Identification of novel physiological processes regulated by Neprilysin activity in Drosophila melanogaster

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Title: Identification of novel physiological processes regulated by Neprilysin activity in Drosophila melanogaster
Authors: Hallier, Benjamin Christoph
Thesis advisor: Dr. Heiko Harten
Thesis referee: Prof. Dr. Achim Paululat
Abstract: Drosophila insulin like peptides (DILPs) and their human homolog insulin act as messengers to control many physiological processes in the body. Fields in which insulin signaling is crucial are e.g. growth, stress responses and aging. Consequently, many diseases are caused by disturbed insulin signaling, of which diabetes is the most prominent. During the last decades the functions of insulins and their signaling pathways have been studied in detail; what remains less well understood is how the production of insulin and insulin like peptides is regulated. The family of Neprilysins (Neps) belongs to the M13-zinc ion binding metallopeptidases. Neprilysins cleave peptides that regulate a wide range of cellular processes and are therefore linked to a variety of diseases like cancer, analgesia, hypertension or Alzheimer’s disease. In the fruit fly Drosophila melanogaster, five Neprilysins are expressed; but their in vivo substrates have not yet been identified. One of the Drosophila Neprilysins, Nep4, is expressed in the CNS, in muscle tissue, in cardiac tissue and in male reproductive organs. Nep4 is expressed in two isoforms, Nep4A and Nep4B. Isoform A is composed of a short intracellular domain, a transmembrane domain and a large extracellular domain containing the catalytically active center, whereas soluble Nep4B only consists of the extracellular domain. This thesis reveals that overexpression of catalytically active Nep4A in muscle tissue leads to animals with impaired insulin expression, decreased size and weight, affected feeding behavior and reduced locomotion speed. Further phenotypes are an impaired energy metabolism and larval lethality. Knockdown of the whole enzyme or knockout of its catalytic activity also interferes with feeding and locomotion speed and, in addition, causes pupal lethality. As an explanation for the phenotypes, Nep4 mediated hydrolysis of different short neuropeptide F (sNPF) species, which were identified as novel substrates of the peptidase, is proposed. sNPF is known to regulate insulin signaling and knockdown of sNPF phenocopies the Nep4 overexpression phenotypes, which suggests that Nep4 mediated hydrolysis of sNPF regulates insulin expression in the fly. Based on these results additional regulatory peptides were identified as novel Nep4 substrates. Among them are peptides that do not only regulate insulin signaling, but also feeding behavior (Hallier et al., 2016). These findings represent good evidence that muscle bound Nep4 is key to regulate homeostasis of distinct hemolymph circulating peptide hormones. Nep4 localizing to the surface of the central nervous system is likely necessary to ensure effective ligand clearance and thus proper regulation of corresponding peptide receptors.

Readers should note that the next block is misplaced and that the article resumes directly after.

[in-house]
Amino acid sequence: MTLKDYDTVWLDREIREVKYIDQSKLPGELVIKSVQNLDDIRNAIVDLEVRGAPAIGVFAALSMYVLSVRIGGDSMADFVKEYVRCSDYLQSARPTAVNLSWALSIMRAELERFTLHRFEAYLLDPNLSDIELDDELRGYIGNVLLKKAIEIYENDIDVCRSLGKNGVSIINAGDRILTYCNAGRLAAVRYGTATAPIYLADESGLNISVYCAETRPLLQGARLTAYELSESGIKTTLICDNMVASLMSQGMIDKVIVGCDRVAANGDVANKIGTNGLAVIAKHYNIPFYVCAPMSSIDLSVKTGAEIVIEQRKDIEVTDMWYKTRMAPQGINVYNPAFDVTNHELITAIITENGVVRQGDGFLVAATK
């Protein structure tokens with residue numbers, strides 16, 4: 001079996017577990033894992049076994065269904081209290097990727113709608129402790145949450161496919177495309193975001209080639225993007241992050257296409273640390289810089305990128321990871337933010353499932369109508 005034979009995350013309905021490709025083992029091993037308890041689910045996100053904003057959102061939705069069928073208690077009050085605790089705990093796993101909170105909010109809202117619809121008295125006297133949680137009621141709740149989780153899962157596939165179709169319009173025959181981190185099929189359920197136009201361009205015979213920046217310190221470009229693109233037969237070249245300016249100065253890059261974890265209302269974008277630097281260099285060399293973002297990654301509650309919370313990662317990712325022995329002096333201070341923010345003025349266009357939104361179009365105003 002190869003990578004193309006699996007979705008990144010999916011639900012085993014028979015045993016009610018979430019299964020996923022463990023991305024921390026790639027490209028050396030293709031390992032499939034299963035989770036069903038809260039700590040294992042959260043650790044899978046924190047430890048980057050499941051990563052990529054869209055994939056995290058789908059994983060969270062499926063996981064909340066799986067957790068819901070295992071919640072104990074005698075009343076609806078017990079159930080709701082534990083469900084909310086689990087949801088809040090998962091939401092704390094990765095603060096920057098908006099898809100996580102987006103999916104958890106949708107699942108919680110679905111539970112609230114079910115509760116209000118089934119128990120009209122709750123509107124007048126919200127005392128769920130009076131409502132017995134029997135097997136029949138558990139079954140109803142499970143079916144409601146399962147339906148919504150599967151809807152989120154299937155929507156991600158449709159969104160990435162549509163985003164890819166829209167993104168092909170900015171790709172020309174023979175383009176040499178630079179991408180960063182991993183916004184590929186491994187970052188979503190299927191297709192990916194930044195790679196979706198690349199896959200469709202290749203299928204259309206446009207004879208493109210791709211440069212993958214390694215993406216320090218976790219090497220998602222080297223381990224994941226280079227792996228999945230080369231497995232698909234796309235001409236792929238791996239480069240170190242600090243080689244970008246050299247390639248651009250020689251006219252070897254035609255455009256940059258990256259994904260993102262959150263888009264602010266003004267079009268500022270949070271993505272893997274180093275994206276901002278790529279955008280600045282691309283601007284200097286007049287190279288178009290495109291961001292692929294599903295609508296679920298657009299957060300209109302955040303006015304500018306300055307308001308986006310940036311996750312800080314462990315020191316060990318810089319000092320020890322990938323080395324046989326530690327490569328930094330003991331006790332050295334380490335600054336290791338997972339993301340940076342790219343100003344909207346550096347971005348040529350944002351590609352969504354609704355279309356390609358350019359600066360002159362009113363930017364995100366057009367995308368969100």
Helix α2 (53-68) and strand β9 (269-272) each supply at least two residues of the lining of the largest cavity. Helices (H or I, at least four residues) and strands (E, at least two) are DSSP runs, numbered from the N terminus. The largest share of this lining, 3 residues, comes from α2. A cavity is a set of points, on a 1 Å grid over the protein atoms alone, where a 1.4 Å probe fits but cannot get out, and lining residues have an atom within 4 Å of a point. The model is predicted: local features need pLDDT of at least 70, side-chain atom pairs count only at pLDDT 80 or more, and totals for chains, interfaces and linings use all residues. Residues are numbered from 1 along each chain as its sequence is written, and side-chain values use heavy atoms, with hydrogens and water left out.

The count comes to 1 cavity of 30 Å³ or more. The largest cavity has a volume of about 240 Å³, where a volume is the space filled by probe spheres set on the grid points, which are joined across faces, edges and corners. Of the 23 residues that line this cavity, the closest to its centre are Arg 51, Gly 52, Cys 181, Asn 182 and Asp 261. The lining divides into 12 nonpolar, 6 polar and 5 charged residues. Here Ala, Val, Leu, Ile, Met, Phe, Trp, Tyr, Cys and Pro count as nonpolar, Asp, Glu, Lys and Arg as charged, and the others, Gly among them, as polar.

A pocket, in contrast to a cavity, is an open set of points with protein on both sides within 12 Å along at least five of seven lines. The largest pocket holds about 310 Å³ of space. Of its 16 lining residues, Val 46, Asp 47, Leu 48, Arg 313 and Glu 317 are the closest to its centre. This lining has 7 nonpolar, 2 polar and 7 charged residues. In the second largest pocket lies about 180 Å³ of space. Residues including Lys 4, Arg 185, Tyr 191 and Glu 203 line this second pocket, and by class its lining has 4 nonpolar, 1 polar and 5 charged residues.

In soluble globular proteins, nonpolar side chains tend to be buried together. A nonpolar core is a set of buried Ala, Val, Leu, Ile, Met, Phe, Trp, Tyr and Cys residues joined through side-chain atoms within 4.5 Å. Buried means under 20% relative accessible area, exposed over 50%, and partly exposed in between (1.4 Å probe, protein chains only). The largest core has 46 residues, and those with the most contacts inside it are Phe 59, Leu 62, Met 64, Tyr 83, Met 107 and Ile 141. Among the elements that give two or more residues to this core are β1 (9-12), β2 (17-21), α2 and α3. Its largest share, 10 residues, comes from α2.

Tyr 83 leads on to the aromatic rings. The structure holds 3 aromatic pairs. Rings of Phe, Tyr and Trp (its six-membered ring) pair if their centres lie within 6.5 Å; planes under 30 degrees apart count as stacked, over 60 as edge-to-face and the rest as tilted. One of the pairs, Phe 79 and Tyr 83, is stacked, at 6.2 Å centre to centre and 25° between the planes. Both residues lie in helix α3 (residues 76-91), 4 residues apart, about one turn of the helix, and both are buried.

URL: https://repositorium.ub.uni-osnabrueck.de/handle/urn:nbn:de:gbv:700-2017061915963
Subject Keywords: Neprilysin; Drosophila; Metallopeptidase; Metabolism
Issue Date: 19-Jun-2017
License name: Namensnennung-NichtKommerziell-KeineBearbeitung 3.0 Unported
License url: http://creativecommons.org/licenses/by-nc-nd/3.0/
Type of publication: Dissertation oder Habilitation [doctoralThesis]
Appears in Collections:FB05 - E-Dissertationen

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